Samuel Godin, Godyn or Godijn (Antwerp, 1561 or around 1566 – September 29, Amsterdam, 1633) was a wealthy merchant, originally from Southern Netherlands, trading on Spain, Brazil and the Levant. He was one of the administrators of the Noordsche Compagnie, involved in whaling, and of the Dutch West India Company. From 1620 he traded on New Netherland. His name was at first given to the Delaware Bay and he was one of the main investors in Zwaanendael. The colony did not last very long as it was plundered by Native Americans soon after its founding.
In 1595 he was involved in serious legal case with Isaac le Maire and Dirck van Os on behalf of his "father-in-law". In 1597 he seems to have lived in Middelburg. In 1600 he sent a letter to Clusius. On 24 August 1602, Samuel Godijn married Anneken Anselmo in Bremen, born in Antwerp on 8 July 1583. Together with his brother Daniel Godijn, he invested 3,000 guilders in the first subscription for VOC shares in August 1602. Godin traded in wool, indigo from Spain, brazilwood, but around 1619 he became more interested in whaling. Because of the recent troubles with English whalers around Spitsbergen the plan came up to catch whales in the Atlantic, near the North River (today’s Hudson). About ten men invested two ships, Godin was one of them. August 1622 he bought a plot on Keizersgracht and settled within a year in a house called De Bruinvis (The Harbour porpoise) or De Walvis (The Whale), either on number 105 or 107.
Because of competition among fellow Dutch fur-traders it seems Samuel Godin and Killian van Rensselaer decided to look around elsewhere. In 1628 Samuel Blommaert was informed about suitable land near Godyn's Bay. In the late 1620s, when a controversy arose within the Dutch West India Company as to whether the emphasis of the company's activities should be placed on the expansion of trade or the acquisition of further colonies, Samuel Godijn was one of four merchants who opted for further colonisation. The others were Blommaert, Albert C. Burgh, and Van Rensselaer. On their behalf the agents bargained with the natives for a tract of land reaching from Cape Henlopen to the mouth of Delaware River, "32 miles long, two miles deep extending from Old Cape Henlopen northward to the mouth of a river." The estate had been further extended, on May 5, 1630, by the purchase of a tract twelve miles square on the coast of Cape May opposite, and the transaction was duly attested at Fort Amsterdam. The patent for this land was probably registered and confirmed on June 1, 1630. Godin and Blommaert started the Zwaanendael Colony. A ship of eighteen guns was fitted out to bring over the colonists and subsequently defend the coast, with incidental whale-fishing to help defray expenses. In December 1630, their ship De Walvis (The Whale) set sail from Texel, with immigrants, food, cattle and whaling implements. The purpose of the settlement was "to carry out the whale fishery in that region, and to plant a colony for the cultivation of all sorts of grain, for which the country is very well suited, and of tobacco." (Journal of de Vries).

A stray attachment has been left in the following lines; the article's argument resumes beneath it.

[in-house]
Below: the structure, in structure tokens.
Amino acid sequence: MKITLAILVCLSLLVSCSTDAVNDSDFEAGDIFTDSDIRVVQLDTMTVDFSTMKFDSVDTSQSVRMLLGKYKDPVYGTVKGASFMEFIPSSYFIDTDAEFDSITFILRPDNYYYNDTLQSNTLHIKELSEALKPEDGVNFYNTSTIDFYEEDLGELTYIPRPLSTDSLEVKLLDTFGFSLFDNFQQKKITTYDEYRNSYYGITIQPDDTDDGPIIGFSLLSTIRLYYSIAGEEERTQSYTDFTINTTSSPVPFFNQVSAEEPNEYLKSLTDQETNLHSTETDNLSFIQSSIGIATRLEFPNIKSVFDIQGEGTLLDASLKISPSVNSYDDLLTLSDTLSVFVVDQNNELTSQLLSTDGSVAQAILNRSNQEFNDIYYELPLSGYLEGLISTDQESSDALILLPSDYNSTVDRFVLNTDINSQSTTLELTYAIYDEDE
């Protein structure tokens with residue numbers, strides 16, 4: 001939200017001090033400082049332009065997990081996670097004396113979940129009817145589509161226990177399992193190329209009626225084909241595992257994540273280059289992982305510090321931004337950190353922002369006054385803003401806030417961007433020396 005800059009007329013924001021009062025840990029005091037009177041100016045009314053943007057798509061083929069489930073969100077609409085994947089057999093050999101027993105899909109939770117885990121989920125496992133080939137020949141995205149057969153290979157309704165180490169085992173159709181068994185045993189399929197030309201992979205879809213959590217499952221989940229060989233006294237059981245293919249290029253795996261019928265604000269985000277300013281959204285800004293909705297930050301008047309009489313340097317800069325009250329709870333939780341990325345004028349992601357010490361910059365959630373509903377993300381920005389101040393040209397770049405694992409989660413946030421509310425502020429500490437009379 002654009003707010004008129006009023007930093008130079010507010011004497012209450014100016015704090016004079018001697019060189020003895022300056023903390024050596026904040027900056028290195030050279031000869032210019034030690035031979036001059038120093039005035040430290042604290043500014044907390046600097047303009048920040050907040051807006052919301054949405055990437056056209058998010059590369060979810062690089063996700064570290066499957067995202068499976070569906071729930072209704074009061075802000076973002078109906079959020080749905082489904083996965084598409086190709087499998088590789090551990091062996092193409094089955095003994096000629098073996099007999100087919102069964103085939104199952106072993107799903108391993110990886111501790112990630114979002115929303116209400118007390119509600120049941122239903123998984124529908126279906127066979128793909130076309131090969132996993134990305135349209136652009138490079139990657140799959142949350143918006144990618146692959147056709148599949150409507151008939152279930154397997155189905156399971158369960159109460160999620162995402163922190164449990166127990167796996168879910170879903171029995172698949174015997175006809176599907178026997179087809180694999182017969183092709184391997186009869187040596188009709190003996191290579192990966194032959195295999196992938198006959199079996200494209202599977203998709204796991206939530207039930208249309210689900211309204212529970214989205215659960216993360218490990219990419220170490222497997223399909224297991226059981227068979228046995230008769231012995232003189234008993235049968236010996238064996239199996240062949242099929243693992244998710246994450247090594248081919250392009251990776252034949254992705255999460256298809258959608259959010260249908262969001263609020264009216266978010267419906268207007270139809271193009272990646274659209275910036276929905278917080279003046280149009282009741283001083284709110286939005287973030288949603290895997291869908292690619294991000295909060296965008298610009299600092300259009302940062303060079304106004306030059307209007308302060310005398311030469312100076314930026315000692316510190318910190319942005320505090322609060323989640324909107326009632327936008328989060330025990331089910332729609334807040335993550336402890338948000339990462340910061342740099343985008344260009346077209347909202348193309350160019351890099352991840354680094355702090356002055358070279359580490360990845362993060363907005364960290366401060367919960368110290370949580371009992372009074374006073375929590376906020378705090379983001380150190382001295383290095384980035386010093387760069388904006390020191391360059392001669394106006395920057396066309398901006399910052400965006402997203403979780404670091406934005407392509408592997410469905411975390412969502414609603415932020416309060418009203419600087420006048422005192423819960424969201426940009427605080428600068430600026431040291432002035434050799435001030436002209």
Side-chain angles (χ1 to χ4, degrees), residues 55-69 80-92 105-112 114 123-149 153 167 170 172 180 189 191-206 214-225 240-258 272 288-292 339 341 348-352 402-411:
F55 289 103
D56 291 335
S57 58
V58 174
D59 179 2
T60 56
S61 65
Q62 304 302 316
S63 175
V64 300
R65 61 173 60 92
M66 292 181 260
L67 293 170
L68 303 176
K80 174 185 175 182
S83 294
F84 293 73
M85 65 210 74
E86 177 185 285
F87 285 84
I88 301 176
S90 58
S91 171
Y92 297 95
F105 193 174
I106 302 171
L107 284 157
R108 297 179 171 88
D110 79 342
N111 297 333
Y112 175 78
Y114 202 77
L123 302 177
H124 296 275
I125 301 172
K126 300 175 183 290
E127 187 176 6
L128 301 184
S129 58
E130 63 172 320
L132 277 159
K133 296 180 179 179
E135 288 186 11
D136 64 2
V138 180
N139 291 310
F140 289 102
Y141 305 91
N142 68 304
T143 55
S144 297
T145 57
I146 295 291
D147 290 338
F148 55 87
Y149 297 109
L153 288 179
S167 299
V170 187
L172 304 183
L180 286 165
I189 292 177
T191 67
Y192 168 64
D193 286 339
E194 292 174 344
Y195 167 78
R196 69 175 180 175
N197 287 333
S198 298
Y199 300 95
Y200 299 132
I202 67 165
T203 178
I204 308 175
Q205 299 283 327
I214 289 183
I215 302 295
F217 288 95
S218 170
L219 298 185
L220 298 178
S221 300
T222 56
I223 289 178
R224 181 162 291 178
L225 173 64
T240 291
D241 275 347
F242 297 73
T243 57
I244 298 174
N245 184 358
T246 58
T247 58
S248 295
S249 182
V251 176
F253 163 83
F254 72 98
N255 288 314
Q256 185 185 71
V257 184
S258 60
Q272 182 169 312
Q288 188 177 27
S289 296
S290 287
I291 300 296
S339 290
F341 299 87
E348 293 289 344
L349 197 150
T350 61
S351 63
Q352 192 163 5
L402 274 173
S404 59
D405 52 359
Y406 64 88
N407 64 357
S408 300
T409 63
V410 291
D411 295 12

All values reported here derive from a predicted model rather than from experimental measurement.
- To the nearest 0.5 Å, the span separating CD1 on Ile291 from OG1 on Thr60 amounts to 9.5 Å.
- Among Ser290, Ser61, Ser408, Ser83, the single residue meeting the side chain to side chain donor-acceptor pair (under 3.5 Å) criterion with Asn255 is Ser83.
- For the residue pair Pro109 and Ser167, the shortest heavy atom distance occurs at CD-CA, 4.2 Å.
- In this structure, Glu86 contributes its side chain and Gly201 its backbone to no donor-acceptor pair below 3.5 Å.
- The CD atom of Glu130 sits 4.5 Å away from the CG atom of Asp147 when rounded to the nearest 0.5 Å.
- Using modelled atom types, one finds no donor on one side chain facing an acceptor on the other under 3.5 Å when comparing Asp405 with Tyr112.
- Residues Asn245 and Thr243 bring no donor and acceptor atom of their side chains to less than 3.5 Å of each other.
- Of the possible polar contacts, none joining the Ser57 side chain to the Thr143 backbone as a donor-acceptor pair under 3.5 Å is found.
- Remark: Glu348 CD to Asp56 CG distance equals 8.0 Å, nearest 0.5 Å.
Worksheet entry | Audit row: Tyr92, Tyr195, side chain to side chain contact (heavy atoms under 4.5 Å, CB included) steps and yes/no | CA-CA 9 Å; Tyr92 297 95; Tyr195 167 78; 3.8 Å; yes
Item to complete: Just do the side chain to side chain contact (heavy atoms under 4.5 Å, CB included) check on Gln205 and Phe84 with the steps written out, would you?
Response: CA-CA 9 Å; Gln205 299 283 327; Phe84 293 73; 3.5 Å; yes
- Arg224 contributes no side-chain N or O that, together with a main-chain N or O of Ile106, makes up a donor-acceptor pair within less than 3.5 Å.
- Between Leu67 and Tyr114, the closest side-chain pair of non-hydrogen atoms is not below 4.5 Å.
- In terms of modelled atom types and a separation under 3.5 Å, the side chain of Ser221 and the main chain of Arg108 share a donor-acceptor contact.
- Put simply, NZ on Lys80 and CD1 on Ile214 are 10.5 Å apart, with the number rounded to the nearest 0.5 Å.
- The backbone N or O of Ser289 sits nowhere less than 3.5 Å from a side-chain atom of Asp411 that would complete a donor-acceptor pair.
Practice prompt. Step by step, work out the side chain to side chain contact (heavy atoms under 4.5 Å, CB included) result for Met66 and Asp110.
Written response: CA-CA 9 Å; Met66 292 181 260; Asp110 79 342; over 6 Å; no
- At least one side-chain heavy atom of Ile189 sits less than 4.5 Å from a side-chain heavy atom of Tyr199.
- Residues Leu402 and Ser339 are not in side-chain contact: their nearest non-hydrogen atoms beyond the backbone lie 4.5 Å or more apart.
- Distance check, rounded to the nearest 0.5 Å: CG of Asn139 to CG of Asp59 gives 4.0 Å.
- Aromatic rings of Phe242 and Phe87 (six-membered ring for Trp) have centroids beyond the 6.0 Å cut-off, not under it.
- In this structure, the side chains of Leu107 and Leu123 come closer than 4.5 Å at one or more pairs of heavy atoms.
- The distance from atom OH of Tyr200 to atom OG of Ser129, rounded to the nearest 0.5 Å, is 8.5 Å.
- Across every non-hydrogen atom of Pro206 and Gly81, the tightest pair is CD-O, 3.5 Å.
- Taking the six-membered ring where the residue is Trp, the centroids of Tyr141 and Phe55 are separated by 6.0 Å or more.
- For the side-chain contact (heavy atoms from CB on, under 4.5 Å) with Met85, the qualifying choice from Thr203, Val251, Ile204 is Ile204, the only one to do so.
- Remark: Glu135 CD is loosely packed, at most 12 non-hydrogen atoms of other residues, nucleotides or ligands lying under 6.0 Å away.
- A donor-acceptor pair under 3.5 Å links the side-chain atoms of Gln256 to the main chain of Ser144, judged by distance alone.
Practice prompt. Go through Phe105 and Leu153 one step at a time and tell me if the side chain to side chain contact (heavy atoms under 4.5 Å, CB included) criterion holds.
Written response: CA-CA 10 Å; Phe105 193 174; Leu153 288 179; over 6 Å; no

A colony of more than thirty souls was planted on Lewes creek, a little north of Cape Henlopen. A palisaded fort was built, with the "red lion, rampant," of Holland affixed to its gate, and the country was named Swaanendael or Zwaanendael Colony. Already in 1628 the water was called Godyn's Bay, now known as Delaware Bay.
A company including, besides the two original proprietors, Kiliaen van Rensselaer, Joannes de Laet, the historian, and skipper David Pietersen de Vries was formed to colonize the tract. When De Vries arrived at Swaanendael he noticed the colony was destroyed and nobody had survived. In July 1633 De Vries was back in Amsterdam. Against orders the skipper had delivered tobacco in England and secretly unloaded furs at Texel, which he had kept during the journey in his cabin.
Samuel had three brothers: Philips, Anthony and Daniel; Philips died before 1615 and Anthony lived in Vlissingen. He had eight children. On August 22, 1630 his wife was buried in the Wallonian Church. Samuel Godijn's daughter Cecilia (1607–1637) married Hendrick Trip, 28 years old, on 31 March 1633. Trip was a wealthy trader in copper and armaments. On 20 September 1633, Samuel Godijn was ill and signed a codicil to his testament, dated 13 August 1608. Each son stood to inherit 2,000 guilders, before the division of the estate. His heirs were his son-in-law Hendrick Trip and his daughter Cecilia Godin, and his sons Samuel Godijn (1603-?) the younger (who would inherit the estate in the polder the Beemster). Another daughter, named Johanna (1606–1648), married Jacob Trip, the brother of Hendrick Trip, on 14 February 1634. As both her parents had died, she was assisted by her uncle Daniel Godijn. Godyn's death inventory included several statues, maps, jewels, pearls and paintings.
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